Ecumenical Patriarch Bartholomew Officially Opens Eighth Environmental Symposium in New Orleans
Oct 21, 2009
NEW ORLEANS – His All Holiness Ecumenical Patriarch Bartholomew officially opened today the Eighth Religion, Science and the Environment (RSE) Symposium, entitled “Restoring Balance: The Great Mississippi River,” which takes place here for the next five days under his high patronage and includes a large and diverse group of theologians, scientists, policymakers, environmentalists, representatives of business and NGOs, and media.
Roman Catholic Archbishop Gregory Aymond of New Orleans welcomed the Ecumenical Patriarch and read a cordial, prayerful and personal message from Pope Benedict XVI in which he conveyed his support and solidarity in the effort of caring and protecting the environment and “the safeguarding of God’s creation.”
Ecumenical Patriarch Bartholomew in his very significant opening address said that “we have reached a defining moment in our history…the point where absolute limits to our survival are being reached,” and we “instead of living on income, or the available surplus of the earth, we are consuming environmental capital and destroying its resources as if there is no tomorrow.” (See full text below)
Following the Patriarchal Address, retired US Senator Paul Sarbanes, who is a participant in the symposium read a message from former Vice President Al Gore, in which he expressed his esteem and respect for the Ecumenical Patriarch’s perseverance demonstrated by this Eighth Environmental Symposium. Al Gore was the first to address Patriarch Bartholomew as the “Green Patriarch” in 1997 when welcoming him to Washington D.C.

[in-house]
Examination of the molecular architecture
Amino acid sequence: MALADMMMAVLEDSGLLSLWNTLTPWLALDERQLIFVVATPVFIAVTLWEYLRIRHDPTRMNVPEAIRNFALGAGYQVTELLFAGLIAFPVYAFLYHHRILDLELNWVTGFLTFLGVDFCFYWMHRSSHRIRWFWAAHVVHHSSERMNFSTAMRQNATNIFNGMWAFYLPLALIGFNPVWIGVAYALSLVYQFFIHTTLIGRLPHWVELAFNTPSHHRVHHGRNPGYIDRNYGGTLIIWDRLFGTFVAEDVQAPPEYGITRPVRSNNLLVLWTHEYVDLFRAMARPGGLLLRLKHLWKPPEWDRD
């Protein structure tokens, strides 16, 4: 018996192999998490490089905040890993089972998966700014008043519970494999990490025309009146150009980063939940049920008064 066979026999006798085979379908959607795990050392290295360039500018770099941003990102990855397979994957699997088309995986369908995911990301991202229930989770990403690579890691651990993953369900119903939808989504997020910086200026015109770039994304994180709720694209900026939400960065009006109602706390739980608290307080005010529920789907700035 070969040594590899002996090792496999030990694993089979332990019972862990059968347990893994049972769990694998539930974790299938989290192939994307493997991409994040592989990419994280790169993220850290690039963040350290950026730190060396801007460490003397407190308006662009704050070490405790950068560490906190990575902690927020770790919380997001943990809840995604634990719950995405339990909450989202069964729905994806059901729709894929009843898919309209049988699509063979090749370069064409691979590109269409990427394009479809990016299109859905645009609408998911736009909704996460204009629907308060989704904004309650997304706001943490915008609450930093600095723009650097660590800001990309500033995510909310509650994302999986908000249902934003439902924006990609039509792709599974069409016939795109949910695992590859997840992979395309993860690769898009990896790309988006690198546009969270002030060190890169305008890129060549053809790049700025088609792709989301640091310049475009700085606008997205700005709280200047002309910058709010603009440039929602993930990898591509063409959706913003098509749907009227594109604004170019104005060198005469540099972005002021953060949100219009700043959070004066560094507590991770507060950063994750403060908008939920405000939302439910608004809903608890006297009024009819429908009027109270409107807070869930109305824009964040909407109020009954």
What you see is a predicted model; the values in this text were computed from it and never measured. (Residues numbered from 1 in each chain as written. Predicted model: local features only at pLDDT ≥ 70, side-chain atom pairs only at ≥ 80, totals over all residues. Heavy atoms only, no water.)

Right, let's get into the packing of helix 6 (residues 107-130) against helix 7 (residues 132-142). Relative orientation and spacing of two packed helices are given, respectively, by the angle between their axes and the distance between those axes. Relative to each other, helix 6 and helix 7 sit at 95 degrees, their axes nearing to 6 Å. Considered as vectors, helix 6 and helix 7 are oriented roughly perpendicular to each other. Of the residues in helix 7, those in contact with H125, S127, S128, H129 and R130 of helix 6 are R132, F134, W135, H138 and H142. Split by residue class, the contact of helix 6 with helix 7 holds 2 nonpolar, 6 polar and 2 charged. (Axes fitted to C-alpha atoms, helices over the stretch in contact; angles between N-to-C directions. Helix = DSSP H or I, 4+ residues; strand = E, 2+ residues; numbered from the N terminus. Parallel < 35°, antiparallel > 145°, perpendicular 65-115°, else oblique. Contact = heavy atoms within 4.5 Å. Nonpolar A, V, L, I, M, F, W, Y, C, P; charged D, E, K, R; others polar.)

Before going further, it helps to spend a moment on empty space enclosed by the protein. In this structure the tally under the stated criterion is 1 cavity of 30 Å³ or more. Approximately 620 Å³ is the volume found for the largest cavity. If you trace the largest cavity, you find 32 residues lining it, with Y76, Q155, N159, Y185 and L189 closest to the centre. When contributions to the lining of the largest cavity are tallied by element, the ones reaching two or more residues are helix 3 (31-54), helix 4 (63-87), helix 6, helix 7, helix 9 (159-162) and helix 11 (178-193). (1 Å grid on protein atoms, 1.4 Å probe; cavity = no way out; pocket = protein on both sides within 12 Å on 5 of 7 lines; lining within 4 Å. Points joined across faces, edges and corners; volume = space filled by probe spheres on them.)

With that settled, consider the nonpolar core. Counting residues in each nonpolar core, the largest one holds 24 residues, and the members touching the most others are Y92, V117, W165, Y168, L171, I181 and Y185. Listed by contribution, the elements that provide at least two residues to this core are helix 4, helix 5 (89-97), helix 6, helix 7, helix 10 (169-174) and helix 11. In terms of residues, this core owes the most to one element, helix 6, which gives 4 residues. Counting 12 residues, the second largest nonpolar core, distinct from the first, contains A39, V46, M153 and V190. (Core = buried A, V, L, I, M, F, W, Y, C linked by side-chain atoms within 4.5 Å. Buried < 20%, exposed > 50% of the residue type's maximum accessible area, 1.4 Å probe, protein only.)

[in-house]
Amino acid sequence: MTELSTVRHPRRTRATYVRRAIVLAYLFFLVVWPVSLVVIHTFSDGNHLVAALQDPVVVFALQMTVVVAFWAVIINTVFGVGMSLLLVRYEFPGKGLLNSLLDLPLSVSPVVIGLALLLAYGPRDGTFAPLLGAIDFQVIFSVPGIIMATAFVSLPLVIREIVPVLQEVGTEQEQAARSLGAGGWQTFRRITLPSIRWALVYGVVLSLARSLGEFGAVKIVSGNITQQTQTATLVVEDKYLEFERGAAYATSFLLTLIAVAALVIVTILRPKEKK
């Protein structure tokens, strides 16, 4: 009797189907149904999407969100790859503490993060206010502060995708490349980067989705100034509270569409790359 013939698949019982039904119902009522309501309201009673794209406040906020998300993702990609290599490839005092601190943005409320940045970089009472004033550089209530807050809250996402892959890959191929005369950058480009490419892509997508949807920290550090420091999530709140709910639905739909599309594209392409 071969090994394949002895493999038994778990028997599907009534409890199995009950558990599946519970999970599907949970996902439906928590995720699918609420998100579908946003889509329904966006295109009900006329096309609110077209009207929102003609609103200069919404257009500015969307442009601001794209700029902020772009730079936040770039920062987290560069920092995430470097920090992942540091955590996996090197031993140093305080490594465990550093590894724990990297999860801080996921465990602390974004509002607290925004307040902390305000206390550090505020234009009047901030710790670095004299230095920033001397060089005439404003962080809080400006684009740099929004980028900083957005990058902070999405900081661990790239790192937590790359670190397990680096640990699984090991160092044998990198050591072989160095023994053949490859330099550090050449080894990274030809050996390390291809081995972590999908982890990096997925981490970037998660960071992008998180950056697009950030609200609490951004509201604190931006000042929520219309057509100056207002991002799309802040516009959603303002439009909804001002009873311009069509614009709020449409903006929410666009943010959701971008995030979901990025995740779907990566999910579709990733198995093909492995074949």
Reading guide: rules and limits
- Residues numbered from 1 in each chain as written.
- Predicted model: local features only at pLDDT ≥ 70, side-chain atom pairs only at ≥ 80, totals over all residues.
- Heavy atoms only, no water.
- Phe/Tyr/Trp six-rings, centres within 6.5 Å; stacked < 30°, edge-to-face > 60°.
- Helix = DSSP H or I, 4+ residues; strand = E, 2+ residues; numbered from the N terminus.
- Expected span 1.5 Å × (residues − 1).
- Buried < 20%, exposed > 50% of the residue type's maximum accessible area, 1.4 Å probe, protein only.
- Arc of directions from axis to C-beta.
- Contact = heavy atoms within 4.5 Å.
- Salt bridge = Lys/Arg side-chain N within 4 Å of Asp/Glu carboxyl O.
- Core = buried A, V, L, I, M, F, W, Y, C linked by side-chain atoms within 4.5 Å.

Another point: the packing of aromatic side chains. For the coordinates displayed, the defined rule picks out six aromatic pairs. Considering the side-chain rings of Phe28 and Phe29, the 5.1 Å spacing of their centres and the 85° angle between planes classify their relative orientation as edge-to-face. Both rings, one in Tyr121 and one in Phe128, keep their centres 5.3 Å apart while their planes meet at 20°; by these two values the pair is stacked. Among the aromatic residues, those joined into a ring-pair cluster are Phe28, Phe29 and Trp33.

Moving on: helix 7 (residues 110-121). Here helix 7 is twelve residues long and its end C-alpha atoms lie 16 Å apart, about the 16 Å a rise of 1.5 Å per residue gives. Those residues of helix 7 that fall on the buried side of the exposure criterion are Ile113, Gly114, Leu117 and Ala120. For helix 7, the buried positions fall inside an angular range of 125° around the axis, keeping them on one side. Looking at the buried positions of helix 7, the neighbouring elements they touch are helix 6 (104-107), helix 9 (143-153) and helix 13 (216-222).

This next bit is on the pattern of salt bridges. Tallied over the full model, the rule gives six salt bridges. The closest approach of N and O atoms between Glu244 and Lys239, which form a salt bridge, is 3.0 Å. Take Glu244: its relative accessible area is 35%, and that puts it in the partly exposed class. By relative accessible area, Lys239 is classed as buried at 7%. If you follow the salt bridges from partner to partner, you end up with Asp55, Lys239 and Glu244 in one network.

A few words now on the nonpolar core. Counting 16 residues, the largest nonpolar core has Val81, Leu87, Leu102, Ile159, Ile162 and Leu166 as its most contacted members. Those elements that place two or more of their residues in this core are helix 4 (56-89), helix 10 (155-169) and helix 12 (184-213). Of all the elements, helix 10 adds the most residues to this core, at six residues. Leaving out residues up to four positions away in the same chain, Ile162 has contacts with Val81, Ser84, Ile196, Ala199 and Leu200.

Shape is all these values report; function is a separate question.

Finally, Archbishop Demetrios, as the Primate of the Greek Orthodox Church in America, offered an official welcome to the Ecumenical Patriarch both to the United States and the Greek Orthodox Archdiocese of America, which is an eparchy of the Ecumenical Patriarchate. “We are in this wounded city, New Orleans, and in an equally wounded River, the mighty Mississippi. And we are here to contribute, as much as it is possible, to the healing of both,” said Archbishop Demetrios and added that His All Holiness is “the Healer Patriarch who laboriously, incessantly, and deliberately serves in an extraordinary way the ecological healing process and tends to the wounds inflicted upon nature by human beings.”
Information on the Ecumenical Patriarch and his visit to the U.S. can also be found online at: www.goarch.org or www.usvisit2009.org and on the Mississippi symposium at: www.rsesymposia.org
Contact: Stavros Papagermanos
Tel.: (212) 570-3530 or (718) 415-5850
Opening Address of His All Holiness Ecumenical Patriarch Bartholomew
Symposium The Great Mississippi River: Restoring Balance’ (New Orleans, 21 October 2009)
It is with great pleasure that we welcome you all to the official opening of Symposium VIII, entitled “The Great Mississippi River”.
This Symposium is in many ways both historical and unique. This river comprises a microcosm of our planet. In its waters, we observe many of the world’s ecological issues. We are humbled in its presence. We have come to listen to its story, to learn from its history.
Let us consider our own presence on this great river.
As the Mississippi links the prairies to the sea, we ourselves form the link between the past and the future. Science has developed a theory to explain the beginning of the Universe almost 14 billion years ago, the beginning of simple life forms some 4 billion years ago and the birth of human beings a mere 160,000 years ago.